March 2019 IssueLong scroll reading

The Ten-Year Bull

By Charles Boccadoro

“Happy days are here again! The skies above are clear again. Let us

sing a song of cheer again, Happy days are here again!”

Jack Yellen

February marked the tenth full year of the current bull market, which began in March of 2009. For those of you that held steady through the great recession or have just been lucky or wise enough be invested over this period, you’ve been well rewarded.

Through much of its first years, this bull market had little love, especially in late 2011 when it looked like we were headed back into bear territory. There have been a couple modest retractions since: the taper tantrum of 2013, January 2016, and this past December.

But for the most part, it’s been a fairly steady upward ride, including periods of extremely low volatility and many consecutive months of positive returns (eg., Historically Low Volatility).

Examining fund performance across full, down, and up market cycles, is one of the principal reasons we established the MFO Premium screening tools. There have been five market cycles since 1960, as described in Mediocrity and Frustration. Here is a sampling of outputs of risk and performance metrics since March of 2009.

The five basic indices … 90-day T-Bill, US aggregate bond, US 60/40 equity/bond, SP500, and all-country x-US:

That’s right! More than 16.5% annualized for the S&P. About 6.5% more than its long-term average. It translates to a 367% increase since inception. The rolling 3-year average never dropped below 8.8% annualized.

You suffered through the 16% “correction” in late 2011, being underwater for 10 (more) months, but traditional alternatives offered little: cash paid nothing, bonds only half what you’ve gotten used to since 1980 … on an absolute basis, and foreign equities have received little love in comparison. Fortunately, for those with a more tempered risk appetite, the US 60/40 balanced index rose nearly 200%.

Has it made up for the preceding bear?

Below find the same indices over the full cycle and a look back at the calendar-year returns:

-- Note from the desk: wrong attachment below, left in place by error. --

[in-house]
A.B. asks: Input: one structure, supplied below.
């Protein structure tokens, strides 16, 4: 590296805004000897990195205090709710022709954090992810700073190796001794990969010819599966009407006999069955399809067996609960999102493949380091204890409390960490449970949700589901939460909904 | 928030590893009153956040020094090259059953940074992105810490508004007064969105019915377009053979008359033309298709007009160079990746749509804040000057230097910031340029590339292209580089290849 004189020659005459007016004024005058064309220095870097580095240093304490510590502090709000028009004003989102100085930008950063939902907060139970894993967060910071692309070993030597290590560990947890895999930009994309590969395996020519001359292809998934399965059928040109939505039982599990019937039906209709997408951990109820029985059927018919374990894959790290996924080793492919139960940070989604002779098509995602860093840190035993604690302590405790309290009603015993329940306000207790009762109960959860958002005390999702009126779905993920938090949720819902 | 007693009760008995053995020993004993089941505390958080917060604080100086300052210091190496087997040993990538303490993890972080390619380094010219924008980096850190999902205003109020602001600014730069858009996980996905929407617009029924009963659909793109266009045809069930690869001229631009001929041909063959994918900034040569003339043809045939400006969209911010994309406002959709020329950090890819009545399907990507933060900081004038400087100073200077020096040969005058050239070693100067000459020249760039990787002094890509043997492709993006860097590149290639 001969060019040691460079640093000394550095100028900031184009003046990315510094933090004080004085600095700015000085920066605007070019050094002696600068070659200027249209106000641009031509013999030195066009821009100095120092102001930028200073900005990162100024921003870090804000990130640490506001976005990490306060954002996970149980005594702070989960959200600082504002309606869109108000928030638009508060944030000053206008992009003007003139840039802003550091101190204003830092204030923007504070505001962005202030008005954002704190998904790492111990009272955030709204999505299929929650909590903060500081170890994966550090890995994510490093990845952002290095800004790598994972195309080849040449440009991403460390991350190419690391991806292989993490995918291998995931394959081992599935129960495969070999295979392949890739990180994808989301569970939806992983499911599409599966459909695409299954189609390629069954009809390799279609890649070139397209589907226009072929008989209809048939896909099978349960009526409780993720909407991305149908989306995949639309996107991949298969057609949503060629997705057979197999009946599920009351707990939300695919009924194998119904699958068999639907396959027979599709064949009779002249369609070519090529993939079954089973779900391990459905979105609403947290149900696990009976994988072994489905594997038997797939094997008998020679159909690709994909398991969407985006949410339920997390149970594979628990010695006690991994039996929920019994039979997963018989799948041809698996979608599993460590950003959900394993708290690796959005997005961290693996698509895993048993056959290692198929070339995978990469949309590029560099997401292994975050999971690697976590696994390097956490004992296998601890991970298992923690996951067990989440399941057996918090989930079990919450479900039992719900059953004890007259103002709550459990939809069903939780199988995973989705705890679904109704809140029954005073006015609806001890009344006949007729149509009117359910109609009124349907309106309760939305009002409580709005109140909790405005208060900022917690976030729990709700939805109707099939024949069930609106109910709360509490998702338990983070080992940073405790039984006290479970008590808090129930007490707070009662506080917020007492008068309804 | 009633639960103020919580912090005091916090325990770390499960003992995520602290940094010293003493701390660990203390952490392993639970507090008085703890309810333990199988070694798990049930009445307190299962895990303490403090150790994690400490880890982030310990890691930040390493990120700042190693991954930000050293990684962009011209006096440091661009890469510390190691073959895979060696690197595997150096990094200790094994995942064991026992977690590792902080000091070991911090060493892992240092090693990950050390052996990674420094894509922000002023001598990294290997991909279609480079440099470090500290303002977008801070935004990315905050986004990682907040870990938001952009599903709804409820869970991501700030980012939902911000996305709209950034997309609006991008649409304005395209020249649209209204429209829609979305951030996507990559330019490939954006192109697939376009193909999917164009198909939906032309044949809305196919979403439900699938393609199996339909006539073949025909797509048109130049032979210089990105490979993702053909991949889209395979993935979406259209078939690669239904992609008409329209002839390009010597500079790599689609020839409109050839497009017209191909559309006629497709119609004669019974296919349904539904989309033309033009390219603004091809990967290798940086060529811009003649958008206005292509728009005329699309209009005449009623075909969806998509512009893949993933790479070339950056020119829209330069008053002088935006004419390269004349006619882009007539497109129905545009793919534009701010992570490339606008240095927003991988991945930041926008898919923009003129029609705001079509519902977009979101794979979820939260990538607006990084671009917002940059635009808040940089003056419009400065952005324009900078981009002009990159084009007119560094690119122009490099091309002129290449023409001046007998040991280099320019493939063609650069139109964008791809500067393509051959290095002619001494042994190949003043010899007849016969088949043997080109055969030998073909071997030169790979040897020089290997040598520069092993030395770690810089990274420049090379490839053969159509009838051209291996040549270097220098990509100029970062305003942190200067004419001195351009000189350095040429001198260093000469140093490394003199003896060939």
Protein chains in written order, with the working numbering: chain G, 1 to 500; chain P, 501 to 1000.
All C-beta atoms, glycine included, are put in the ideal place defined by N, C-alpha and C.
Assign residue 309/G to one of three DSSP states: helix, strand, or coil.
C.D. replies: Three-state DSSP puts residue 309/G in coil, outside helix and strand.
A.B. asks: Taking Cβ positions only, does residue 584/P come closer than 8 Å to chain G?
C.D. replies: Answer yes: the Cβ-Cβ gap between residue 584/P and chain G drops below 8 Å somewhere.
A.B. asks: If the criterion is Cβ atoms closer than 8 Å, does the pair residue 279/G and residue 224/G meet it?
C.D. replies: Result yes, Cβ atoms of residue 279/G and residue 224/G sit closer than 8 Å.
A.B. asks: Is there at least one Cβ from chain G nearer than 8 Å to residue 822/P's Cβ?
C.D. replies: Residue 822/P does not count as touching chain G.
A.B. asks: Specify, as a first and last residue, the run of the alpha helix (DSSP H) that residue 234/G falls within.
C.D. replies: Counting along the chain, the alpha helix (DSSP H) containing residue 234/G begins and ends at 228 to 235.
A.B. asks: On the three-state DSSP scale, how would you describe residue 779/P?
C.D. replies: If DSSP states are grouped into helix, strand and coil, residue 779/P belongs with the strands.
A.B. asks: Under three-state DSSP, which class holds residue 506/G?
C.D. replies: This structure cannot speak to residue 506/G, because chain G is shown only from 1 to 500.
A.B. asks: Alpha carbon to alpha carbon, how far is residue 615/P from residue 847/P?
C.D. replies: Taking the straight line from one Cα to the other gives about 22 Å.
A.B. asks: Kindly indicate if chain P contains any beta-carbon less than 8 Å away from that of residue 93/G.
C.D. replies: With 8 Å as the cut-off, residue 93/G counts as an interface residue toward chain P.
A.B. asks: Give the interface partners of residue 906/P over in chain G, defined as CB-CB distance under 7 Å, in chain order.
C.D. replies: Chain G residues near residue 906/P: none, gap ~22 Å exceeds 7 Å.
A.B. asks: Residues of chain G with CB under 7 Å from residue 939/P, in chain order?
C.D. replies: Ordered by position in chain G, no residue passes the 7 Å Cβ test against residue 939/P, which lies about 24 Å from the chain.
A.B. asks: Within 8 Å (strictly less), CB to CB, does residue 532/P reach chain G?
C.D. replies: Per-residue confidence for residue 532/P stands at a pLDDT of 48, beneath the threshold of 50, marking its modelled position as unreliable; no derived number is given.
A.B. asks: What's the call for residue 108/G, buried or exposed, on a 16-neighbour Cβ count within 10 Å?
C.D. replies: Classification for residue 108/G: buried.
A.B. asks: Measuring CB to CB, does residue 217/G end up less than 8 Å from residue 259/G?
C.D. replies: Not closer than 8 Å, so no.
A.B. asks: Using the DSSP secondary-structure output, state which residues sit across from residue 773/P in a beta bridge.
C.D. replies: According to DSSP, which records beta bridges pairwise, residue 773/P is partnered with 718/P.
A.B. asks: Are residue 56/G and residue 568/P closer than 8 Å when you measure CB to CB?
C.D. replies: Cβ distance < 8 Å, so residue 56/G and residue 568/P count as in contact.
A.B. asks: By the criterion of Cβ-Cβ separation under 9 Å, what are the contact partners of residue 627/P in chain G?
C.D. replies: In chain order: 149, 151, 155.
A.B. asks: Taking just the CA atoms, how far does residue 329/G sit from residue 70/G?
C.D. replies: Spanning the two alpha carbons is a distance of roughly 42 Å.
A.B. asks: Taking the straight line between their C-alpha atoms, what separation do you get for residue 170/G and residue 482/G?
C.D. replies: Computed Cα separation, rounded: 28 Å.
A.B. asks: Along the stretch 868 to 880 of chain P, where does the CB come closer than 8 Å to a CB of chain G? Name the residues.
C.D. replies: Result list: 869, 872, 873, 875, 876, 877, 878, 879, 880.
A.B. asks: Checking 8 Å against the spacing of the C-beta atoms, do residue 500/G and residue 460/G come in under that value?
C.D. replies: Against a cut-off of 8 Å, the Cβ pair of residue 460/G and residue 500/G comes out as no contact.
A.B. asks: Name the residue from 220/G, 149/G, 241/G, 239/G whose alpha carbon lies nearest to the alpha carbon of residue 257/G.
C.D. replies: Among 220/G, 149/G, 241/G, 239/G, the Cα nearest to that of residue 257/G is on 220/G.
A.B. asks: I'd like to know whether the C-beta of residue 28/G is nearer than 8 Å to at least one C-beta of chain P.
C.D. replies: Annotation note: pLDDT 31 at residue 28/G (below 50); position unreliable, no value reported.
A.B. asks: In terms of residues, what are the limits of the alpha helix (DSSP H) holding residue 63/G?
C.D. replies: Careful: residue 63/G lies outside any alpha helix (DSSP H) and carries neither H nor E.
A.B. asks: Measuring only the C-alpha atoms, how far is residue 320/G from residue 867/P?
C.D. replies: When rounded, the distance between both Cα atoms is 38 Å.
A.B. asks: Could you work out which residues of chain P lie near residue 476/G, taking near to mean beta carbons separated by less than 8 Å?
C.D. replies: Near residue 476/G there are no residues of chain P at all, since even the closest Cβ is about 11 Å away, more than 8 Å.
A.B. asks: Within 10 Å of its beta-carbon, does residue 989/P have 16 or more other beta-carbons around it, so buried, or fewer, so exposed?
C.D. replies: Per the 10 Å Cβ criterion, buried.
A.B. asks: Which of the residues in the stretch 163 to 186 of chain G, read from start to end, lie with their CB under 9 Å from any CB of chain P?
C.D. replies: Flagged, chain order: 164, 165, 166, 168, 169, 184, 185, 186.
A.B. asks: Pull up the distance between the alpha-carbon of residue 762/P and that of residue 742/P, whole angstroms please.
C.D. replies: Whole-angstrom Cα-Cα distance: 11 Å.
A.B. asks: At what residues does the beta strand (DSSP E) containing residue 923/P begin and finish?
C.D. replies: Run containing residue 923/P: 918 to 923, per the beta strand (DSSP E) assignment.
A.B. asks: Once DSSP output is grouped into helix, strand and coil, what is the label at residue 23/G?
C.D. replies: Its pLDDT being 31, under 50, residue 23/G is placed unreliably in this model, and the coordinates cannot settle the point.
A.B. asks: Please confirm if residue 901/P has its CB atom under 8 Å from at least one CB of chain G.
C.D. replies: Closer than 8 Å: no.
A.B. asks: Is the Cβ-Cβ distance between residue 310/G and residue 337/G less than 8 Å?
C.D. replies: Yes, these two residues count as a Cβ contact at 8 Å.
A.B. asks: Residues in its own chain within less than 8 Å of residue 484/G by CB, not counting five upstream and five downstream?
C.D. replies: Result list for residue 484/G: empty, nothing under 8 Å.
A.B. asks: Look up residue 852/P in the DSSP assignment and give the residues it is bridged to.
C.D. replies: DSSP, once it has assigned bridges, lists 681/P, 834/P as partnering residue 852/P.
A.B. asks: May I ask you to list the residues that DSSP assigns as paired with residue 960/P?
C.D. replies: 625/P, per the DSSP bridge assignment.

The  answer is? Likely yes. The annualized return over the cycle is more than 7.5%, still below the long-term average, but excess return (APER), which is return above cash, is 7.1% annualized, about 2% above the long-term average. Excess returns for bonds is also about 50 basis points over its long-term average. Investors in all-country ex-US based funds lost another decade plus, unfortunately.

The top five sector equity funds, based on top-quintile absolute and risk-adjusted return versus peers, during the bull are presented below … tech and retail funds like T Rowe Price Global Technology PRGTX and Fidelity Select Retailing Portfolio FSRPX delivered eye-watering annualized returns of 25%, nominally, or a whopping 800% total. (Names highlighted in dark blue are MFO Great Owl funds.)

Here are the full-cycle (thank you VintageFreak) and calendar-year returns for those same five funds:

Similarly, below please find the top actively managed mutual funds … among them, T Rowe Price New Horizons PRNHX rewarded with 700% return … more than 6% per year above peers.

The top performing ETFs included funds by Invesco (3!), State Street, and WisdomTree, including two “value” ETFs (in name at least) … delivering upwards of 600%:

Finally, setting the MFO Risk metric to 3 (“moderate”), below are the best performers during this bull run. The venerable T Rowe Price Capital Appreciation PRWCX takes top honors, tripling its investors’ returns … it now exceeds $31B in assets under management (AUM). The list includes much smaller but just as seasoned Bruce BRUFX , which delivered more than 13% annualized.

While this bull is still modest compared with either of the two bull markets in the ’80s and ’90s, both of which racked-up 800% absolute return, it may no longer be “mediocre.” In any case, as David often reminds us, now seems like a good time to be sure you’ve allocated consistent with your risk tolerance and investment horizon … better now than when the market falls.

This article has been revised from original to reflect performance through February 2019 and to include more full-cycle comparisons.

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About Charles Boccadoro

Charles Boccadoro, BS (MIT), Post Graduate Diploma (von Karman Institute, BELGIUM). Associate editor, data wizard. Described by Popular Science as “enthusiastic, voluble and nattily-dressed,” Charles describes himself as “a recently retired aerospace engineer.” He doesn’t brag about a 30 year career that included managing Northrop Grumman’s Quiet Supersonic Platform and Future Strike Systems projects, working with NASA and receiving a host of industry accolades. Charles is renowned for thoughtful, data-rich analyses and is the driving force behind the Observer’s fund ratings and fund screeners.